The book has much ground to cover. The first section deals with the mechanics of grand opéra itself. Hervé Lacombe’s informative chapter on the Paris Opéra is marred by its flowery, diffuse language and Nicholas White’s chapter on librettos and librettists barely avoids being an indigestible list. But Simon Williams provides excellent background to the use of historical detail in the operas. There are also chapters on the chorus, the dance and the opera singers. All include fascinating information, neither James Parakilas (the chorus), nor Marian Smith (dancers) nor Mary Ann Smart (the soloists) manages to completely expunge the suspicion that they were working with a list of points that just had to be covered.

The second part of the book details with the operas themselves. Here the writers have their work cut out as much of this repertoire has dropped completely out of sight. So Sarah Hibberd has to fill in much that the early audiences of Auber’s La Muette de Portici would have taken for granted. Matthias Brzoska and John H. Roberts describe Meyerbeer’s four mature French operas in detail. Both are candid about the composer’s limitations, but nonetheless they manage to convey something of their enthusiasm; their articles made me curious to see the operas for myself. Diana R Hallman has the rather unenviable task of working her way through Halévy’s operas in order to provide a good background to La Juive.

All these chapters and the one describing the work of Rossini and Verdi, and that charting the later course of the opera, are well crafted and informative, if a little heavy going. What I did rather miss was something of that breathless enthusiasm which might have carried me away and convinced me that someone loved these pieces rather than that they simply felt them to be interesting or important. That’s not to say that the writers do not love these operas, just that their articles do not really convey it. There is a little too much of the academic journal about these pieces (complete with self referential notes) and I understood that this Cambridge Companions series was aimed at the more general reader.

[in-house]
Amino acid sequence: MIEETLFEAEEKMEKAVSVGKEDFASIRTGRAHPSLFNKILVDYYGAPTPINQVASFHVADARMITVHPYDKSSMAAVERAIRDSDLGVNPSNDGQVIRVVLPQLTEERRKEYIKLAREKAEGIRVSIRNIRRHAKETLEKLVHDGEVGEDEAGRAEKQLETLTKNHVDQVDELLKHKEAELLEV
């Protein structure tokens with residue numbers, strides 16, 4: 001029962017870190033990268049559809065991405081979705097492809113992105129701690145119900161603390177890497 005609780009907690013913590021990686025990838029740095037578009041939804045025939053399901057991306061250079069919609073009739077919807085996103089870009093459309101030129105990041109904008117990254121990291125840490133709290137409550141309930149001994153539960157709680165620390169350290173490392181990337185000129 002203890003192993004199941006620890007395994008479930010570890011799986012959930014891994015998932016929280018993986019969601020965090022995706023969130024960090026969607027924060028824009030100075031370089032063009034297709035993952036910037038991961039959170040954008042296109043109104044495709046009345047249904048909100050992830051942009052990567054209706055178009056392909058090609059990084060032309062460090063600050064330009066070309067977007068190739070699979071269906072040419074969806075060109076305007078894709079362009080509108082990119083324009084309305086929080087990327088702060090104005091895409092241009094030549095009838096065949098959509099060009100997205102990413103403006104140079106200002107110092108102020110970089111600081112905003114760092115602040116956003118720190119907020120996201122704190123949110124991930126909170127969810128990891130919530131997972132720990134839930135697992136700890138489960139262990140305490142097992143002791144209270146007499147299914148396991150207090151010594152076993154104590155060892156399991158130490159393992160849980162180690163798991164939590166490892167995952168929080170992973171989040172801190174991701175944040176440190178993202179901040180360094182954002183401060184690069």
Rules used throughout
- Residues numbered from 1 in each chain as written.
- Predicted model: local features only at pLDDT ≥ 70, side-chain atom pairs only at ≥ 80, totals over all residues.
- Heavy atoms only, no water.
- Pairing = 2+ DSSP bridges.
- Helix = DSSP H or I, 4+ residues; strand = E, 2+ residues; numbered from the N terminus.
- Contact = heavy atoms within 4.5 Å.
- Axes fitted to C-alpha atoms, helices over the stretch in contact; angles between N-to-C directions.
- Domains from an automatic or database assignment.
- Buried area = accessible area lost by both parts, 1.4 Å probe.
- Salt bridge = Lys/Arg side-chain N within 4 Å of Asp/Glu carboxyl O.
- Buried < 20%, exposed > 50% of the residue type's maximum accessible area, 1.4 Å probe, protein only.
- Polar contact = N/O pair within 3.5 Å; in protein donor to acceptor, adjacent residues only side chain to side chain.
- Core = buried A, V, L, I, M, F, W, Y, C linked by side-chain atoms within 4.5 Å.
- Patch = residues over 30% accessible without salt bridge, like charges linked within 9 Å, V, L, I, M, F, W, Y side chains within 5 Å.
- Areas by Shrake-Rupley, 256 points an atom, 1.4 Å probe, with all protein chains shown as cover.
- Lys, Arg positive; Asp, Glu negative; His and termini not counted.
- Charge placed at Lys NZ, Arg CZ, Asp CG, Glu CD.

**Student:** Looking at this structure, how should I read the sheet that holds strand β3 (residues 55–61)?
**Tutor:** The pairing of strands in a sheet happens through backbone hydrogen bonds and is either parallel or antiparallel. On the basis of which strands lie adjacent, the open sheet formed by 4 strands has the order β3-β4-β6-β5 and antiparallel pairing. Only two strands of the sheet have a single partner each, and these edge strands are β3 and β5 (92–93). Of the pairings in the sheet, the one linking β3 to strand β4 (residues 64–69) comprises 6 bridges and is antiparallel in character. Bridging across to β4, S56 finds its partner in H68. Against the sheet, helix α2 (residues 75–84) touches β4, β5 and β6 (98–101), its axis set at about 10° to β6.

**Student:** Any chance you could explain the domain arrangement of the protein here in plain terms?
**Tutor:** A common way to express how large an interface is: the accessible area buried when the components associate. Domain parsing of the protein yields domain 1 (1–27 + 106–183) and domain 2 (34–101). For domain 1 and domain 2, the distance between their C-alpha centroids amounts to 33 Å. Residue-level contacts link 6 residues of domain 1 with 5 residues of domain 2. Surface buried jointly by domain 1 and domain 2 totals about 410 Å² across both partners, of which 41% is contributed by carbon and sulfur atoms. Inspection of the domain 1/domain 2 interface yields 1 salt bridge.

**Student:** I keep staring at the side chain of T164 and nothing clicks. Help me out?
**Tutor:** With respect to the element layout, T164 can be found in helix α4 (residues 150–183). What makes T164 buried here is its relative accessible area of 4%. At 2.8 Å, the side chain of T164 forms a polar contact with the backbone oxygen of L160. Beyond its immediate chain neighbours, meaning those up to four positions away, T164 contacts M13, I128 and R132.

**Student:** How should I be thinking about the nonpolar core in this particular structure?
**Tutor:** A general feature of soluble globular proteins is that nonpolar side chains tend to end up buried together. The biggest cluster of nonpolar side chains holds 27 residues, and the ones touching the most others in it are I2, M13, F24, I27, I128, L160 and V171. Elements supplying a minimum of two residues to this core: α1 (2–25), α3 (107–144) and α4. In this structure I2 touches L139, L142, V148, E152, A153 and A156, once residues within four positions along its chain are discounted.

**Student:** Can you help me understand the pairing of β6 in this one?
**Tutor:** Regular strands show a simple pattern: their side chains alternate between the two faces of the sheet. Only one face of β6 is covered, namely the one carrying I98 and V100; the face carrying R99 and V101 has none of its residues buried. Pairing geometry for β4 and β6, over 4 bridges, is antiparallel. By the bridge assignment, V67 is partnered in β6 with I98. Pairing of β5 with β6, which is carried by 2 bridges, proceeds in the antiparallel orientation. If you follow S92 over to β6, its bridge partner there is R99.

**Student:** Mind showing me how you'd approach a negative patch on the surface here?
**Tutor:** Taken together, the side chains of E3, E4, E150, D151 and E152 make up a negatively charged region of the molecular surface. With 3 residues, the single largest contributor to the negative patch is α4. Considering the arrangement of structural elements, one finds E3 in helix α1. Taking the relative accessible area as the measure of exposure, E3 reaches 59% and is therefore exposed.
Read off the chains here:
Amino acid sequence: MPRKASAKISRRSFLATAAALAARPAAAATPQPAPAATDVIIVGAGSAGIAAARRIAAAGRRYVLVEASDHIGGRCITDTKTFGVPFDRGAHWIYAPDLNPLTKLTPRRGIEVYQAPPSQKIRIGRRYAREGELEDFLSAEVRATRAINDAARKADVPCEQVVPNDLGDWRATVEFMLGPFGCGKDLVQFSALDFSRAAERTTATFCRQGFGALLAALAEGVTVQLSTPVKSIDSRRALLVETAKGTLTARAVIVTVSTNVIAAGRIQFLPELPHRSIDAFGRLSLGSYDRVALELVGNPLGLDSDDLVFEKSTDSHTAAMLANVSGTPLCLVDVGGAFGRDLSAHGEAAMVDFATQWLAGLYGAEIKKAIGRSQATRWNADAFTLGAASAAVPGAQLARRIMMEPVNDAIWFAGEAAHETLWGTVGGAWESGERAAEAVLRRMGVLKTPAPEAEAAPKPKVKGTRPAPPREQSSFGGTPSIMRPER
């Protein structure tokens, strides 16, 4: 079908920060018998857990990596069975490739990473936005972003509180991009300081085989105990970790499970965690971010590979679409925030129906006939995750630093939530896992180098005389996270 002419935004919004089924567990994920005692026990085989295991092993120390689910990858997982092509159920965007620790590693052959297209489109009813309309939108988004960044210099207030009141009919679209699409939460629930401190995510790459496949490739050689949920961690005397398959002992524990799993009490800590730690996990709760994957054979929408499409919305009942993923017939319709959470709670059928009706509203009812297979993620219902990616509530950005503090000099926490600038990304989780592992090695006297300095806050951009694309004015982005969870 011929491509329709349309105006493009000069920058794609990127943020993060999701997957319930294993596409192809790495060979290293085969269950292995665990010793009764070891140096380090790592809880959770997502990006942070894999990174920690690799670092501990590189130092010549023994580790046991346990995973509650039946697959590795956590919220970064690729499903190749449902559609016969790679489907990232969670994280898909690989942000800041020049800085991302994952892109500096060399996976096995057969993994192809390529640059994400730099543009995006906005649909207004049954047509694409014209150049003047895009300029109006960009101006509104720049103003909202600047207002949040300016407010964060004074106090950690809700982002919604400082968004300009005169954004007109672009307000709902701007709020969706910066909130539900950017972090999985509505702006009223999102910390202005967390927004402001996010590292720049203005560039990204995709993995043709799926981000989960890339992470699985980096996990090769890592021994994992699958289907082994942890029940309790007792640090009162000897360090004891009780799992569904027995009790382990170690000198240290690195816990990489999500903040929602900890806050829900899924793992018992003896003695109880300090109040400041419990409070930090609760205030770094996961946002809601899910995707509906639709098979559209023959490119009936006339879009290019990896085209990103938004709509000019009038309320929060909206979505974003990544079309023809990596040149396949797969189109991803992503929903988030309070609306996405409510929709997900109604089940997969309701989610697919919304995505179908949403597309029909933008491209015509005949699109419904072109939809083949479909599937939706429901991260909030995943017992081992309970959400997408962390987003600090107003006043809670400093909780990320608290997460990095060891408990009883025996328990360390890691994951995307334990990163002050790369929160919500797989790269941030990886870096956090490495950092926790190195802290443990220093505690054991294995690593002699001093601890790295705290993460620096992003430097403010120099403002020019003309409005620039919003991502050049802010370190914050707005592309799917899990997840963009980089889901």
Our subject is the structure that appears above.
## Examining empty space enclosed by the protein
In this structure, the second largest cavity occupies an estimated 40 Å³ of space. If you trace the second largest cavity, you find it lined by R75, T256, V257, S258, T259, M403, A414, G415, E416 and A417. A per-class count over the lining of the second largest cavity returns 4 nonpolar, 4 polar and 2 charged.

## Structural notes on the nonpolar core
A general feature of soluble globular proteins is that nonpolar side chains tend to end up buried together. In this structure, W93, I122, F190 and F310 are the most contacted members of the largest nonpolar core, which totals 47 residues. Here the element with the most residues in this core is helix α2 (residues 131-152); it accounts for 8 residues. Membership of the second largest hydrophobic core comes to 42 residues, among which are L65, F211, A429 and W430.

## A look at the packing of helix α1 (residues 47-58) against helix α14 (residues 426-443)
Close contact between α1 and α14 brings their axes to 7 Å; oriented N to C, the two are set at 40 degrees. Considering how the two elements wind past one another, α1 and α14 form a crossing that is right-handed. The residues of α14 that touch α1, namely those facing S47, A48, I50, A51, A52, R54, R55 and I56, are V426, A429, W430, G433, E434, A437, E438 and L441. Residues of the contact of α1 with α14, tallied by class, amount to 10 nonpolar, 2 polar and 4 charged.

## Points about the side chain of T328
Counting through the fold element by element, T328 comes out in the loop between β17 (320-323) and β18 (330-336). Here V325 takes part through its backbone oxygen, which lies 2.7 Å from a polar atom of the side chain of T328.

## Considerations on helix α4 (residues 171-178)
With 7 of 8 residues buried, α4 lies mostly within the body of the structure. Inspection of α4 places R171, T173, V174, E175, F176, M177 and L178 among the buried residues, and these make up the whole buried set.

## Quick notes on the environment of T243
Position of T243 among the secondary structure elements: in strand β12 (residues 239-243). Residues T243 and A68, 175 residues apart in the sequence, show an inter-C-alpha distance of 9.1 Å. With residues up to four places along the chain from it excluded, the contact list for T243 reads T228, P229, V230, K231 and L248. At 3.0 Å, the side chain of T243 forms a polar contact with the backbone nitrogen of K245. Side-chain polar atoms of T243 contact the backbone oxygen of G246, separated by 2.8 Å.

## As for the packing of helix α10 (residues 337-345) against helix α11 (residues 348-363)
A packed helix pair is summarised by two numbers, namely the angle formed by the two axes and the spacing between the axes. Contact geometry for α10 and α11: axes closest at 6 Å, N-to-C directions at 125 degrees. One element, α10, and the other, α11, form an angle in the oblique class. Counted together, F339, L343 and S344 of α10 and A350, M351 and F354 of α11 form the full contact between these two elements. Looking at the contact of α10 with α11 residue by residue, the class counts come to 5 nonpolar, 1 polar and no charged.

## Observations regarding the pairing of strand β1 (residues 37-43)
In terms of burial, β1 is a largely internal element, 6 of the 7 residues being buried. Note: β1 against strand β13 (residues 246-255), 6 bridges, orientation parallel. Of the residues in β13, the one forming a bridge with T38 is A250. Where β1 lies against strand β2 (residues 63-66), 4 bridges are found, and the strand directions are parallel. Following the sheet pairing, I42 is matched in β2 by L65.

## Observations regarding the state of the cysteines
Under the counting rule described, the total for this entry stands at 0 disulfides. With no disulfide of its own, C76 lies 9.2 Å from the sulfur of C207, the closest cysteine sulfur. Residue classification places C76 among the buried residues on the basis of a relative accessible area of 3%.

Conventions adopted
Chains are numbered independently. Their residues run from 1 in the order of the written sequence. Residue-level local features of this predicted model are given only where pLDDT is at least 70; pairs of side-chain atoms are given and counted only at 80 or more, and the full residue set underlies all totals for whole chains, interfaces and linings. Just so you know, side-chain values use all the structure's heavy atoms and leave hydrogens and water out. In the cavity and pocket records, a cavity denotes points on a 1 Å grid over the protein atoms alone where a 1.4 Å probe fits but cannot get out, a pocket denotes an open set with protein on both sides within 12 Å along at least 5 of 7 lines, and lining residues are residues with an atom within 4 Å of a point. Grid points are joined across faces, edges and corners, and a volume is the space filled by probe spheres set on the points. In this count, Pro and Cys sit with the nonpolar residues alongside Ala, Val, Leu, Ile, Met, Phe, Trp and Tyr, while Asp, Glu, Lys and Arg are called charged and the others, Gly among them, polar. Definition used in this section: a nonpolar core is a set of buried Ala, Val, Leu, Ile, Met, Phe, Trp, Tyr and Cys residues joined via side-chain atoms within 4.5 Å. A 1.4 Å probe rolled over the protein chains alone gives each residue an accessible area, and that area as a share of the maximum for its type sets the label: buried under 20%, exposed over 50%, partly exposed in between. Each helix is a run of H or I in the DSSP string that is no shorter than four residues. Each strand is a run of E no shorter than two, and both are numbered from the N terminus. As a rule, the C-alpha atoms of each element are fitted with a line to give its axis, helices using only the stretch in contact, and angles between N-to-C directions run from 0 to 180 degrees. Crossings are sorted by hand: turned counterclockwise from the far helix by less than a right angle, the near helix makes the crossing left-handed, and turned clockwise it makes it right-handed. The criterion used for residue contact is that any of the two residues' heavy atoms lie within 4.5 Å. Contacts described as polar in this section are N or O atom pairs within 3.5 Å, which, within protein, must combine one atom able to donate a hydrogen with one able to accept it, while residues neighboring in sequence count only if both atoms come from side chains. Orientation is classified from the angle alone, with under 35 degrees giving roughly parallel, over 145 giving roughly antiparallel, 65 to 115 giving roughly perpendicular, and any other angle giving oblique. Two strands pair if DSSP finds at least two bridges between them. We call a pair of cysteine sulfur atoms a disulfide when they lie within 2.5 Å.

The book concludes with a clutch of chapters which trace the influence of grand opéra across the globe. Wagner’s debt to the genre is well known, but Thomas Grey manages to illuminate various corners of the repertoire, including the debt owed by Götterdämmerung. That Glinka was a contemporary of Meyerbeer’s rather than a disciple goes some way to explaining the relationship of Glinka’s two operas to Western operatic styles and Marina Frolova-Walker points up the significance of grand opéra in Russia. Even less obvious is the influence the genre had in Czech opera, though Jan Smazcny’s article is perhaps hampered by the fact that some of the operas he talks about (e.g. Dvořák’s Dmitrij) are not as well known in Western Europe as they should be.

This is a comprehensive and extensive book. Anyone needing to study grand opéra should ensure that they have it to hand. It also provides superb background reading if you want to explore the operas of Meyerbeer et al. But it does not make easy reading and I must admit that there were times when only my duty as a reviewer kept me going.

Robert Hugill

A comprehensive and extensive book. Anyone needing to study grand opéra should have it to hand. It provides superb background but there were times when only my duty as a reviewer kept me going. ... see Full Review

 

 



Gerard Hoffnung CDs

Advertising on
Musicweb


Donate and get a free CD

New Releases

Naxos Classical

Hyperion

 

Musicweb sells the following labels
Acte Préalable Arcodiva
British Music Soc.
CDAccord
Hallé
Hortus
Lyrita
Nimbus
Northern Flowers
Redcliffe
Sheva
Talent
Toccata Classics


Follow us on Twitter


Subscribe to our free weekly newsletter

Return to Index

Untitled Document


Reviews from previous months
Join the mailing list and receive a hyperlinked weekly update on the discs reviewed. details
We welcome feedback on our reviews. Please use the Bulletin Board
Please paste in the first line of your comments the URL of the review to which you refer.